For purposes of clarity and brevity, elements of the thermal detection circuit 700 similar to those of the thermal detection system 600 shown in FIG. 6 will not be described hereinafter in detail. Further, elements such as the timer 670 will not be described herein as it should be clear that the timer 670 may be usable with the thermal detection circuit 700.

The auto-range hysteresis logic 710 of the thermal detection circuit 700 includes an SR flip-flop 712 and a window comparator 714, in one embodiment. The window comparator 714 includes two comparators 716 and 718. The comparator 716 respectively receives, as inputs, a signal of a hot threshold voltage (VH1) and a voltage drop across the thermistor 706 (Vthm) at its positive and negative inputs, respectively. The comparator 718 respectively receives, as inputs, a signal of a cold threshold voltage (VC1) and Vthm at its negative and positive inputs, respectively.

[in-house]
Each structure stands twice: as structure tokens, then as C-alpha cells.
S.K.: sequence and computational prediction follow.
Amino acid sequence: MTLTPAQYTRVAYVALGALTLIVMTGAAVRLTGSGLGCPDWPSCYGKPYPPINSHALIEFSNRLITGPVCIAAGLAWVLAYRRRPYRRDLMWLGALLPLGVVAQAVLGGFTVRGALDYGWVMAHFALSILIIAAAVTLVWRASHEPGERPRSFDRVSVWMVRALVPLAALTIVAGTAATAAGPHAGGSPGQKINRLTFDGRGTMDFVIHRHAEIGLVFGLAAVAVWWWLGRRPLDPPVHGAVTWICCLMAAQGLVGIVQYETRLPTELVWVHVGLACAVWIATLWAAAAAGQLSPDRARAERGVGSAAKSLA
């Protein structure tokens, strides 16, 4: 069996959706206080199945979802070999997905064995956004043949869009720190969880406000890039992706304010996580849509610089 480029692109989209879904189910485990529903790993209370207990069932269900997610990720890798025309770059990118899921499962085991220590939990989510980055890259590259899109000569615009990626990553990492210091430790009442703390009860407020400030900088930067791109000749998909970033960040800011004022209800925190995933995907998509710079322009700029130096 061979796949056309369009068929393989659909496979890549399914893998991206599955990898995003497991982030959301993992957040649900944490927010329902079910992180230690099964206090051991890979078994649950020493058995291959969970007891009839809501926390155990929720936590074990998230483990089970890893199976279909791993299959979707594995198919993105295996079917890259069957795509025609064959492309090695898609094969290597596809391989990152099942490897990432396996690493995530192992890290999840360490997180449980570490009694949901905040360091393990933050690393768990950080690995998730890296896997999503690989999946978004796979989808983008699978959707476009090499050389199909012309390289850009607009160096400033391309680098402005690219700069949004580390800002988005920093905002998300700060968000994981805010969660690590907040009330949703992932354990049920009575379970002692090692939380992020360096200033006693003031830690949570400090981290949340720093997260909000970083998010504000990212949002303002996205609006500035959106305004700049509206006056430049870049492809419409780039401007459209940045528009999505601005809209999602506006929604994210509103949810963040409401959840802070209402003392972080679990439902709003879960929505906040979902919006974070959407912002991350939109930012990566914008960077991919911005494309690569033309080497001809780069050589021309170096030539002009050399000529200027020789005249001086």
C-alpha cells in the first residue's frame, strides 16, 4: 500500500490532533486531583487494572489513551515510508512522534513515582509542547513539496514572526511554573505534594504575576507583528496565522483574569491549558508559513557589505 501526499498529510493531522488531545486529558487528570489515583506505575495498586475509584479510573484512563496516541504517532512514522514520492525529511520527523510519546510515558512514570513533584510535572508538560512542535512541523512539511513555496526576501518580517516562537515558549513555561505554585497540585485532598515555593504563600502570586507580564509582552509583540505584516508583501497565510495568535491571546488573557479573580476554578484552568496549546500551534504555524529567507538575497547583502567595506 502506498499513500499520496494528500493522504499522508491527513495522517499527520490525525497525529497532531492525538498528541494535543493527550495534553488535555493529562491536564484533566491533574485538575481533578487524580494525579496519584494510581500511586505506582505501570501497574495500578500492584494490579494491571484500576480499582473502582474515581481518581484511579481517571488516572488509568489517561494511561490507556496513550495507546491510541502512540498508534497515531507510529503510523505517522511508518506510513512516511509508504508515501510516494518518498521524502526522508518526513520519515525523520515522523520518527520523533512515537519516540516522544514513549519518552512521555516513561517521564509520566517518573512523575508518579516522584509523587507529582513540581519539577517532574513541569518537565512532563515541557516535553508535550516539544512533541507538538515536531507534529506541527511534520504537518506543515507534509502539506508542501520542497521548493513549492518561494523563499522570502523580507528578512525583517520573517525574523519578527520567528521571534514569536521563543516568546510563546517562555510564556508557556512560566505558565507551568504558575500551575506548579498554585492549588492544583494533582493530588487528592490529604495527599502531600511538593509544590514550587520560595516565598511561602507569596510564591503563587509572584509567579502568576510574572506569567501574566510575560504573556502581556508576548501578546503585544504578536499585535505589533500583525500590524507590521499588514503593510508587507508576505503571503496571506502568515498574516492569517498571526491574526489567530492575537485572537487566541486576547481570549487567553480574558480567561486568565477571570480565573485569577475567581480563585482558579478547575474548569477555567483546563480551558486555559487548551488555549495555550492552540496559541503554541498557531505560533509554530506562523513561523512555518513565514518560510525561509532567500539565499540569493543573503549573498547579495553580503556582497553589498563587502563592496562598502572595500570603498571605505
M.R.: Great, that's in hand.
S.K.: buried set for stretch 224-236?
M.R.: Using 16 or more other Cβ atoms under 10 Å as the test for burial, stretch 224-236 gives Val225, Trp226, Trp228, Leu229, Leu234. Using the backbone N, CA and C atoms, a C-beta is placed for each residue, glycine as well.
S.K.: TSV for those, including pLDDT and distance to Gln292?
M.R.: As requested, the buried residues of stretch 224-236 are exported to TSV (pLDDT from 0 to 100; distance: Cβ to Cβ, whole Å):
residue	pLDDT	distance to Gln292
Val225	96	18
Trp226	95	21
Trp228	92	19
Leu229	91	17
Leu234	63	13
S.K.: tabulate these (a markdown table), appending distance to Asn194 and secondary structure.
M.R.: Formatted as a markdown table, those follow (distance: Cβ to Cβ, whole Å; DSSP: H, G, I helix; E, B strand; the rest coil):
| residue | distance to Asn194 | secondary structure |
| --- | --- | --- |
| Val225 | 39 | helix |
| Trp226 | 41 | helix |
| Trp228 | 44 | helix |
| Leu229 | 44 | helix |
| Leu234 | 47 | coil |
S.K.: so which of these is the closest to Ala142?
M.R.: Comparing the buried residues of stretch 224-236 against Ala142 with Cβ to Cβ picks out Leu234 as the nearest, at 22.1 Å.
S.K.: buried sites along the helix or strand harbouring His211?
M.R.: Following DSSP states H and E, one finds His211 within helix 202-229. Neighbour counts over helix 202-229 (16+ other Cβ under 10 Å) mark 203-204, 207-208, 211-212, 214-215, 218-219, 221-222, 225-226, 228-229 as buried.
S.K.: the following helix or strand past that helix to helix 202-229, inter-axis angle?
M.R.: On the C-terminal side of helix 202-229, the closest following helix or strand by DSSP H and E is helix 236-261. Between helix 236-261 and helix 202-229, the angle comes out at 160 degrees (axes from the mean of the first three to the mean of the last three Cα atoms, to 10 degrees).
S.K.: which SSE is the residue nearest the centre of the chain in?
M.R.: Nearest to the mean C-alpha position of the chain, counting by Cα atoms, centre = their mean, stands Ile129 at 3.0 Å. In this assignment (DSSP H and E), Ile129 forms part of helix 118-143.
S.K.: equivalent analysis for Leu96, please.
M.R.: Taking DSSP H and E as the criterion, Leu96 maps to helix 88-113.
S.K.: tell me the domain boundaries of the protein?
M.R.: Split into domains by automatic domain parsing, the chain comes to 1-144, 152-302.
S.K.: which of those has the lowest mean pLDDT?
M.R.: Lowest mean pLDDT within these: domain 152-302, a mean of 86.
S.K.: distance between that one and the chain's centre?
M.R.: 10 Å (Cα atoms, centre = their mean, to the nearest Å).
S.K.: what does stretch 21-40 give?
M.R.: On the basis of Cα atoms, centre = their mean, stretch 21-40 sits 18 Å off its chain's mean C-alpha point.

The SR flip-flop 712 is an arrangement of logic gates that has a set input (S), a reset input (R), and outputs (Q) and (QB). The outputs of the window comparator 714 are respectively coupled to the set input and the reset input (R) of the SR flip-flop 712. When the reset input is set to a LOW level, and the set input is set to a HIGH level, the output Q will be triggered to a HIGH level; when the reset input is set to a HIGH level, and the set input is set to a LOW level, the output Q will be triggered to a LOW level; and when the reset input and set input are both set to LOW levels, the output Q will maintain the last state.